I have what on the surface seems like a simple problem but I cannot figure out what is the appropriate test -- I am not a statistician...

I am trying to determine an appropriate metric to stratify patients in regards to getting toxicity (essentially trying to find a constraint so we can avoid it during treatment)

In group A, patients who met constraint A had a toxicity rate of 26% (5/19) vs 86% (12/14) for those who didn't.

In group B, patients who met constraint B had a toxicity rate of 55% (6/11) vs 72% (55/76) for those who didn't.

What test would I need to determine if constraint A was more effective stratifying patients (or reducing the proportion of patients with toxicity) versus constraint B.



1 Answer 1


This basically looks like a 2x2x2 table ([toxicity, non-toxicity] x [constraint, non-constraint] x [group A, group B]). This question is similar.

I'm not super familiar with this area (will delete this answer if a better one supersedes it), but you can do:

  • a chi-squared test with the expected values for the ([toxic, non-toxic] x [constraint, non-constraint]) combinations set equal to the average across groups
  • a binomial regression with glm(cbind(toxic, non-toxic) ~ constraint*group, family = binomial), testing the interaction for significance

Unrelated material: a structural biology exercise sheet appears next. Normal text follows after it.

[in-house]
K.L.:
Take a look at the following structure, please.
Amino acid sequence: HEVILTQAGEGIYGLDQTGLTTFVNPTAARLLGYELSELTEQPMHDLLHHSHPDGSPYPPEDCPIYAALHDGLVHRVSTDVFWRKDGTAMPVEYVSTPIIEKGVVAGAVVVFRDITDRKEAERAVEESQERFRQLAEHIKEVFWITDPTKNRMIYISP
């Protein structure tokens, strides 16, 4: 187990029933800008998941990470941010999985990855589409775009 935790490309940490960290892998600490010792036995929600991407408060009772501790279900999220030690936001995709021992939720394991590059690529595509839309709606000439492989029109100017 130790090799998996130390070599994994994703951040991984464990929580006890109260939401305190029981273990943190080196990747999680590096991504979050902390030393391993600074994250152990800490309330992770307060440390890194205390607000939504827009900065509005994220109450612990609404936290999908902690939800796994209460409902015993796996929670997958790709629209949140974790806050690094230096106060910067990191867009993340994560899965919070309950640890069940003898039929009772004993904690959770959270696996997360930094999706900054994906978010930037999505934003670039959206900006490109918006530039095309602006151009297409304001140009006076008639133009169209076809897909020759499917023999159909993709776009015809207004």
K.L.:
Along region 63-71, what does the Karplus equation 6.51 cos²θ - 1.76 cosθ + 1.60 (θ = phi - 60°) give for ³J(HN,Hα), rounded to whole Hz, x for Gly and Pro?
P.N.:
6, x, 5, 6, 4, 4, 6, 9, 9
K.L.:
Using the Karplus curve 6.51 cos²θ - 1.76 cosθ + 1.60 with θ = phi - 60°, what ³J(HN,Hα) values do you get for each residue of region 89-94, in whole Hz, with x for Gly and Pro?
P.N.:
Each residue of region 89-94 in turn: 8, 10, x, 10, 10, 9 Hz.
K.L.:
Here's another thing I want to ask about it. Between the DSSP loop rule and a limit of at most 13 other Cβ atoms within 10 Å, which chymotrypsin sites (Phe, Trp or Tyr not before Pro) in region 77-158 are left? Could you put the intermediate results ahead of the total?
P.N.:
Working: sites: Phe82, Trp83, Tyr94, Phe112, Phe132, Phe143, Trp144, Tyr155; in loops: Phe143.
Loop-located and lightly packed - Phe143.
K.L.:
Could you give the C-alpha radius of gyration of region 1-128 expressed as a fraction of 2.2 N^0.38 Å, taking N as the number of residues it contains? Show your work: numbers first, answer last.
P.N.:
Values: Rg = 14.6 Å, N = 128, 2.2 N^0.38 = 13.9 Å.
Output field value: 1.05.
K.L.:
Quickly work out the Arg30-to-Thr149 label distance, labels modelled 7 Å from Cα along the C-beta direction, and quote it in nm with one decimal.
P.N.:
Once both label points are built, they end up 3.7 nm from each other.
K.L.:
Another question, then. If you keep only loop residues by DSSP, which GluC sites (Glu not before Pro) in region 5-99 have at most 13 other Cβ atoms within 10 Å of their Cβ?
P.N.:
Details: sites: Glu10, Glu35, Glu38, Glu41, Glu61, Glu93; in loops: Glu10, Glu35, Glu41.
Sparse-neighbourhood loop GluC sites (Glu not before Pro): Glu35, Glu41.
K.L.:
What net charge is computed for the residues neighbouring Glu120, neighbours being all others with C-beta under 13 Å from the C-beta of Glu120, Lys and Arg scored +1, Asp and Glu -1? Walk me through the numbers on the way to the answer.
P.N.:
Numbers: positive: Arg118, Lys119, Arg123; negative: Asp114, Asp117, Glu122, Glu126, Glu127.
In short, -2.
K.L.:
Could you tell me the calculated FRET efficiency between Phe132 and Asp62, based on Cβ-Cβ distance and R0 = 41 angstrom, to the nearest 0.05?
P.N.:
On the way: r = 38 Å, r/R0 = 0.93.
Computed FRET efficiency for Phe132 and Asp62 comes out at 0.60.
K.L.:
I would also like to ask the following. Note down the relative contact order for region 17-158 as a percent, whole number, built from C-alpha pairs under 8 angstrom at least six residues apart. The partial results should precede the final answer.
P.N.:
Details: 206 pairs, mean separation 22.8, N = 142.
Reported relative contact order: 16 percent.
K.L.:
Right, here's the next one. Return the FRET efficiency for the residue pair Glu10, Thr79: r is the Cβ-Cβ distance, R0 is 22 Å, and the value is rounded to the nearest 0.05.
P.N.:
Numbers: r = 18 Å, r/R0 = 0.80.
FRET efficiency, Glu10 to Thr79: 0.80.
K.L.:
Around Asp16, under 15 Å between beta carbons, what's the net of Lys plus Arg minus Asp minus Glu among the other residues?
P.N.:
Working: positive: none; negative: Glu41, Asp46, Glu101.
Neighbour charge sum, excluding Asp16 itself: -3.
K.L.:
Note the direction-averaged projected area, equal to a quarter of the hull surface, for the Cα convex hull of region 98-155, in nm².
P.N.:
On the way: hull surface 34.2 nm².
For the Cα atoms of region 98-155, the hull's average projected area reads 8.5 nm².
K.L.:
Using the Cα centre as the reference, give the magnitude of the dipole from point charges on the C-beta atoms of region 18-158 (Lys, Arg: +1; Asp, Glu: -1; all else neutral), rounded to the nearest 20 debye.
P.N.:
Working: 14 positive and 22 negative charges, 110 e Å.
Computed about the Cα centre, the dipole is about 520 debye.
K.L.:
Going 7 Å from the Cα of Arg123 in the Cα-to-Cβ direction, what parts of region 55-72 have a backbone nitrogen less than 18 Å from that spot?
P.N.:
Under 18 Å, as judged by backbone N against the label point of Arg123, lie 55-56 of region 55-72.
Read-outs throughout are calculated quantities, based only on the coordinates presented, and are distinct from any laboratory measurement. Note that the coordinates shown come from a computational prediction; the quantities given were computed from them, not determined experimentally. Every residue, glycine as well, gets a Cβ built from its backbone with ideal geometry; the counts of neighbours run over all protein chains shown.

• an appropriate version of the Cochrane-Mantel-Haenszel test? (Based on the Wikipedia page it looks like this doesn't quite do what you wants - it tests the overall [toxicity x constraint] interaction across groups rather than comparing the groups ...)

If you feel like digging in there's probably something in Agresti's Categorical Data Analysis that covers this case ...

  • $\begingroup$ If the question is which constraint reduces the toxicity, then a test for association doesn't seem to be sufficient since it can test for a difference in the probability that toxicity = 1, but not for the direction of the difference? $\endgroup$
    – dipetkov
    Apr 2, 2023 at 12:20

Your Answer

By clicking “Post Your Answer”, you agree to our terms of service and acknowledge you have read our privacy policy.

Not the answer you're looking for? Browse other questions tagged or ask your own question.